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REF 66 & 66 Review - Salmon farming revenue

Request
I wish to understand what revenues the Crown Estate Scotland receives from salmon farming.

        1A. Please outline all the various levies, rents, license payments that can be received from the salmon farming industry in Scotland?

        1B. Please provide details on how these levies, licenses, sea floor rents are applied and at what rates and how they are calculated? For example, the levy applied to gutted weight of fish.

        1C. Please provide actual amounts of revenues received from the salmon farming sector in 2017. Please break this down into constituent elements, for example sea floor rents, levies,                    licenses.

        2. Please provide details of all of the revenues paid by each of the following companies for the period 2017/2018

Response

       1A. We receive a rent based on harvested production, namely a tariff of £27.50 per harvested gutted weight tonne of fish, discounted by 10% for production from leases in Shetland, Orkney and Western Isles. Where there is no production from a lease in any calendar year (farmed salmon production cycles mean sites harvest every second year), a ‘vacant rent’ is charged.

       1B. Rent is charged annually, based on the harvested production of the immediately preceding calendar year which must be reported by the tenant to Crown Estate Scotland by January 31st. Rents are arrived at through independent 5 yearly reviews that are published on our website. The rent is the levy; the only charges we apply to salmon farming tenants is rent, as described.

       1C. The following link will direct you to our Annual Report and Account 17/18. Here on page 38 you will find details of revenue generated. This may not be broken down as requested - all revenue generated is by means of rent. https://www.crownestatescotland.com/maps-and-publications/download/221

2. We consider this information commercially sensitive. For this reason, we have chosen to apply exemption 33(1)(b) of the Freedom of Information (Scotland) Act 2002 (FOISA). Disclosure would (or would be likely to) prejudice substantially the commercial interests of any person or organisation.

Request for Review

I refer to your application of section 33(1)(b) to withhold information covered by my request of 03 Dec 2018.  For that exception to apply, the information to be withheld has to be likely to cause substantial prejudice.

The link has to be genuine and it cannot simply be a remote or hypothetical possibility and there has to be a causal link between any disclosure and prejudice.  Significantly, I do not think that the disclosure is likely to cause substantial prejudice over and above any prejudice that may or may not already have occurred as a result of the wide range of information relating revenues paid to the Crown Estate Scotland by salmon farming companies or the details known about salmon farming operations. Many of these companies state the annual revenues paid to the Crown Estate in their annual accounts. Further it is possible to calculate this information with reasonably accuracy using publicly available harvest figures and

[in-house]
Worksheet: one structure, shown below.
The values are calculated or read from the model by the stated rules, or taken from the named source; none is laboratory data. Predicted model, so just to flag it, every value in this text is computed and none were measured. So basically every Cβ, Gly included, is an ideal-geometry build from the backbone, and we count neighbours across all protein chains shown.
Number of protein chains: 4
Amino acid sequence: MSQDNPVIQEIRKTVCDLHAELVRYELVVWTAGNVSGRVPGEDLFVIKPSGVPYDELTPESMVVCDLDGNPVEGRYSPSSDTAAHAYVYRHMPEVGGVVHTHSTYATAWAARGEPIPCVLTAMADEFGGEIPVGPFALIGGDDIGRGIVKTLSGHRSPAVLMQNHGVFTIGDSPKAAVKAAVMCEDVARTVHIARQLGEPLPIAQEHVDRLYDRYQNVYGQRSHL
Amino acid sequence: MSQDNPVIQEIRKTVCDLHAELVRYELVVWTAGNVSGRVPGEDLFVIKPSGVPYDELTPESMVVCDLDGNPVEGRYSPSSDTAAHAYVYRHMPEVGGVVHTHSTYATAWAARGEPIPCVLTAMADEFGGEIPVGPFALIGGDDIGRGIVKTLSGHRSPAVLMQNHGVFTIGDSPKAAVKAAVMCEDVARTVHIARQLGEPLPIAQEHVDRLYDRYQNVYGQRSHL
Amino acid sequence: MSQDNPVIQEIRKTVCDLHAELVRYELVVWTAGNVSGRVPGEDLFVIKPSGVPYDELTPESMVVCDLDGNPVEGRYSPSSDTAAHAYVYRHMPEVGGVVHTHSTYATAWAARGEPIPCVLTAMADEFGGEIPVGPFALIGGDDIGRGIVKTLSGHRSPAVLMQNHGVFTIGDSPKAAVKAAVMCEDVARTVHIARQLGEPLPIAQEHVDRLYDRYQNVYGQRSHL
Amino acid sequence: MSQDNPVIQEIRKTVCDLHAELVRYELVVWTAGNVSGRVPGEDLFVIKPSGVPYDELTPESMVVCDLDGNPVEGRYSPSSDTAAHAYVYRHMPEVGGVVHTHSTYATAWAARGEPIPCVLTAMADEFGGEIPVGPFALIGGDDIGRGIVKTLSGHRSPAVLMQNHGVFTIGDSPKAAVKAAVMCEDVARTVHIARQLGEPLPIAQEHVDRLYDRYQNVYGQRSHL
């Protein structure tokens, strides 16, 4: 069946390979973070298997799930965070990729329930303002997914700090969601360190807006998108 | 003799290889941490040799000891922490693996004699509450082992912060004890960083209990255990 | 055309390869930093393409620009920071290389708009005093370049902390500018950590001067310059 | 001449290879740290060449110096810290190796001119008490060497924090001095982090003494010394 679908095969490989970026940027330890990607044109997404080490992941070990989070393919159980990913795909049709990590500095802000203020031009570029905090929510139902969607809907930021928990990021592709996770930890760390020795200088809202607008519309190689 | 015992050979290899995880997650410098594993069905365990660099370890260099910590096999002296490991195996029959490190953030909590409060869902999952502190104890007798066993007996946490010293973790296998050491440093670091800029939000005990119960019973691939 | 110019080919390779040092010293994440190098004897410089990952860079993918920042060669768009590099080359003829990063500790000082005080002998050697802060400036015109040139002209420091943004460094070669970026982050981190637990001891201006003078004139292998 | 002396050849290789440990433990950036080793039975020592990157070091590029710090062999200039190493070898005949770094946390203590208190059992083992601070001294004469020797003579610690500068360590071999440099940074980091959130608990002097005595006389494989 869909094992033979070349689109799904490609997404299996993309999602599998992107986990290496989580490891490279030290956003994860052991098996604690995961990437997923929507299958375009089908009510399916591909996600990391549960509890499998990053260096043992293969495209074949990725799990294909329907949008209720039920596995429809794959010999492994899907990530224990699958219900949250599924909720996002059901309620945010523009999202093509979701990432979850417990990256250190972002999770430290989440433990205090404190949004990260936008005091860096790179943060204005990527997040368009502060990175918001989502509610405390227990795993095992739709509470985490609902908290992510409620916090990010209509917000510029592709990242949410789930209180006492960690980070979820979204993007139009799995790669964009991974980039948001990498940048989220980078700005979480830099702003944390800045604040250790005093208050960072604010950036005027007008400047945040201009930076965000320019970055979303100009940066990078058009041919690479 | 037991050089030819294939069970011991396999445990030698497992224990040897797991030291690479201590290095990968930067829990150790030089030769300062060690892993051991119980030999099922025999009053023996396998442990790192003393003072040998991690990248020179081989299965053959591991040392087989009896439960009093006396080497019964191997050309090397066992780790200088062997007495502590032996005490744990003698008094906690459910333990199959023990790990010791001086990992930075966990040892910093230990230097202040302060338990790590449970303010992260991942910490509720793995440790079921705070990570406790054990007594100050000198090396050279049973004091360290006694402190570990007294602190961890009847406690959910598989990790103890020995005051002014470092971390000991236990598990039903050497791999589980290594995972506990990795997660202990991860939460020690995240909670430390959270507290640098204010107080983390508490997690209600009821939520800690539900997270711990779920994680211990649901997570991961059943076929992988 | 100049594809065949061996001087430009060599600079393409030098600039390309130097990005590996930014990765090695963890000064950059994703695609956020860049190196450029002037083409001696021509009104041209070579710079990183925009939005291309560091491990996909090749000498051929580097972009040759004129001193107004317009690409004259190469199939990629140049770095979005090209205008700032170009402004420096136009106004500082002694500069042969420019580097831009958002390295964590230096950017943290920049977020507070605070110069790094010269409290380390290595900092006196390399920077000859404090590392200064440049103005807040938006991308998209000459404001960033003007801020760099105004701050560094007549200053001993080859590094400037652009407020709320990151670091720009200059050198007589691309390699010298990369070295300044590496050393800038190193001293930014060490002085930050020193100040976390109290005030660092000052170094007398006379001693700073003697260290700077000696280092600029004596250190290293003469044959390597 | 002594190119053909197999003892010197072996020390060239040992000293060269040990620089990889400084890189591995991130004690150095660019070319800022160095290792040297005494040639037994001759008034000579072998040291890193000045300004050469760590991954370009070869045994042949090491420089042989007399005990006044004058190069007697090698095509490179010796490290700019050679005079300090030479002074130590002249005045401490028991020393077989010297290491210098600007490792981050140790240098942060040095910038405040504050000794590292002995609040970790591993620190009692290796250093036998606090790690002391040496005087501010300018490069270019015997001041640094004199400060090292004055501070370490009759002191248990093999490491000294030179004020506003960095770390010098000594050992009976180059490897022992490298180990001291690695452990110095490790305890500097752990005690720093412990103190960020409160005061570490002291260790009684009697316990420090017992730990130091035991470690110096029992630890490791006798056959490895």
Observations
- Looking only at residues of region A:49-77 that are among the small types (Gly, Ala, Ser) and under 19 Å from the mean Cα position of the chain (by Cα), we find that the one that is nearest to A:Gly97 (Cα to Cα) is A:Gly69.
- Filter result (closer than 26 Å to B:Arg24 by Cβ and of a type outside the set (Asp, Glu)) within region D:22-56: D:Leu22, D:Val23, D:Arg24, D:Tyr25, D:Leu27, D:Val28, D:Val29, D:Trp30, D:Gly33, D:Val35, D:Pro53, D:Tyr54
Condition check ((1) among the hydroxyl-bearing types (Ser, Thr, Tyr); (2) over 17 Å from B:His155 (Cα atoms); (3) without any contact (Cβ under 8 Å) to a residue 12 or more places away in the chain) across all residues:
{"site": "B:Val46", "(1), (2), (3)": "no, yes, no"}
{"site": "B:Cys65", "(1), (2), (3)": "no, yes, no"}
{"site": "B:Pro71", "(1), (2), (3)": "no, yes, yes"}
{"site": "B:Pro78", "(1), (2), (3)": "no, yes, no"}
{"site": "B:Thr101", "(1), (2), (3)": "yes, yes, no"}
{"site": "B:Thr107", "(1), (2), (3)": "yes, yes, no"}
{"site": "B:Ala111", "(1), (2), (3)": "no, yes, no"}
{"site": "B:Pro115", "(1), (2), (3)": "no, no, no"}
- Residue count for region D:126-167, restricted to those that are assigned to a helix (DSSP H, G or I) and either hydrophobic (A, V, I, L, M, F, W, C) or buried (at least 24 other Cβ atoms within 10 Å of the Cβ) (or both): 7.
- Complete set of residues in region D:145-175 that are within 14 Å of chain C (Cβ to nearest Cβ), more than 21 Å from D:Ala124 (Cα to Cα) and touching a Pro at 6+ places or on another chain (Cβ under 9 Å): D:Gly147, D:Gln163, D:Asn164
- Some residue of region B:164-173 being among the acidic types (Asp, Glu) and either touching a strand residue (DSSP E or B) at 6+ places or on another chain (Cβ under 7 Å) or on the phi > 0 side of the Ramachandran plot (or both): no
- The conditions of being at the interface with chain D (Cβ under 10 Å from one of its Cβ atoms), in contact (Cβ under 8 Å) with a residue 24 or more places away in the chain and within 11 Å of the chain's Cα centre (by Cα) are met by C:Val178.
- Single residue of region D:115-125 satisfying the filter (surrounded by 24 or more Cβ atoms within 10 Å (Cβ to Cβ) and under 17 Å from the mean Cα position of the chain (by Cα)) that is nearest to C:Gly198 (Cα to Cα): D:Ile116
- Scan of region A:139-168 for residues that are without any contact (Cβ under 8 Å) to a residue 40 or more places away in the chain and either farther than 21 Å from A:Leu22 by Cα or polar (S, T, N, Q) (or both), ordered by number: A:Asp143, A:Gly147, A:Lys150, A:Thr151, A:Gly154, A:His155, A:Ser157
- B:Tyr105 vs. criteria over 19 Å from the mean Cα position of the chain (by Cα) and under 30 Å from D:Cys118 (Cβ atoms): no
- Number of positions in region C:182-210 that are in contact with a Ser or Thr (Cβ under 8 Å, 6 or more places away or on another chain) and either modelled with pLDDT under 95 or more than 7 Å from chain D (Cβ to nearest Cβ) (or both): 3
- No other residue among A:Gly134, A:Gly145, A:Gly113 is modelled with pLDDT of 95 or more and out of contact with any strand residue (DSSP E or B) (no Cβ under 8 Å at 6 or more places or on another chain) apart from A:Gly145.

Crown Estate tariffs. The payment of funds in itself is not commercially sensitive nor would knowing the sums paid result in substantial prejudice. The Crown Estate has not offered any
explanation as to how supplying the information requested would likely result in substantial prejudice of the various salmon farming companies I requested information on.
The public interest here lies in ensuring that public authorities, in this case Crown Estate Scotland are shown to conduct regulatory and statutory functions appropriately and subject to public
scrutiny.

Therefore, I request that you undertake a review of your application of section 33(1)(b) to myrequest.  I draw your attention to my initial request:
       2. Please provide details of all of the revenues paid by each of the following companies for the period 2017/2018.
                 - Scottish Sea Farms
                 - Marine Harvest Scotland
                 - Cooke Aquaculture
                 - Greig Seafoods
                 - Loch Duart
                 - The Scottish Salmon Company

I place emphasis on the word "details". Please ensure that where sums can be broken down into constituent elements, they are.  I look forward to receiving the outcome of your review as soon as possible.

Response to Review

I refer to your email of 17 January 2019 requesting that we review our decision to apply the exemption set out in s33(1)(b) of the Freedom of Information (Scotland) Act 2002 to part of your
information request of 3 December 2018.  I have reviewed the process which we applied in making the decision communicated to you on 19 December 2018 and have concluded that we did not correctly apply the exemption.  We have therefore looked again at the part of your request of 3 December 2018 to which we applied an exemption.

The part of your request which we originally applied an exemption to was:

Our response is as follows:

Crown Estate Scotland (Interim Management) leases for salmon farming provide for an annual (calendar year) rent based on the reported production from the subjects of lease in the
immediately preceding calendar year. The figures below are therefore the annual rent levied for each company in 2018 arising from the production reported for 2017:
           - Scottish Sea Farms - £1,006,829
           - Marine Harvest Scotland - £1,574,678
           - Cooke Aquaculture - £657,257
           - Greig Seafoods - £334,676
           - Loch Duart - £144,723
           - The Scottish Salmon Company - £773,412.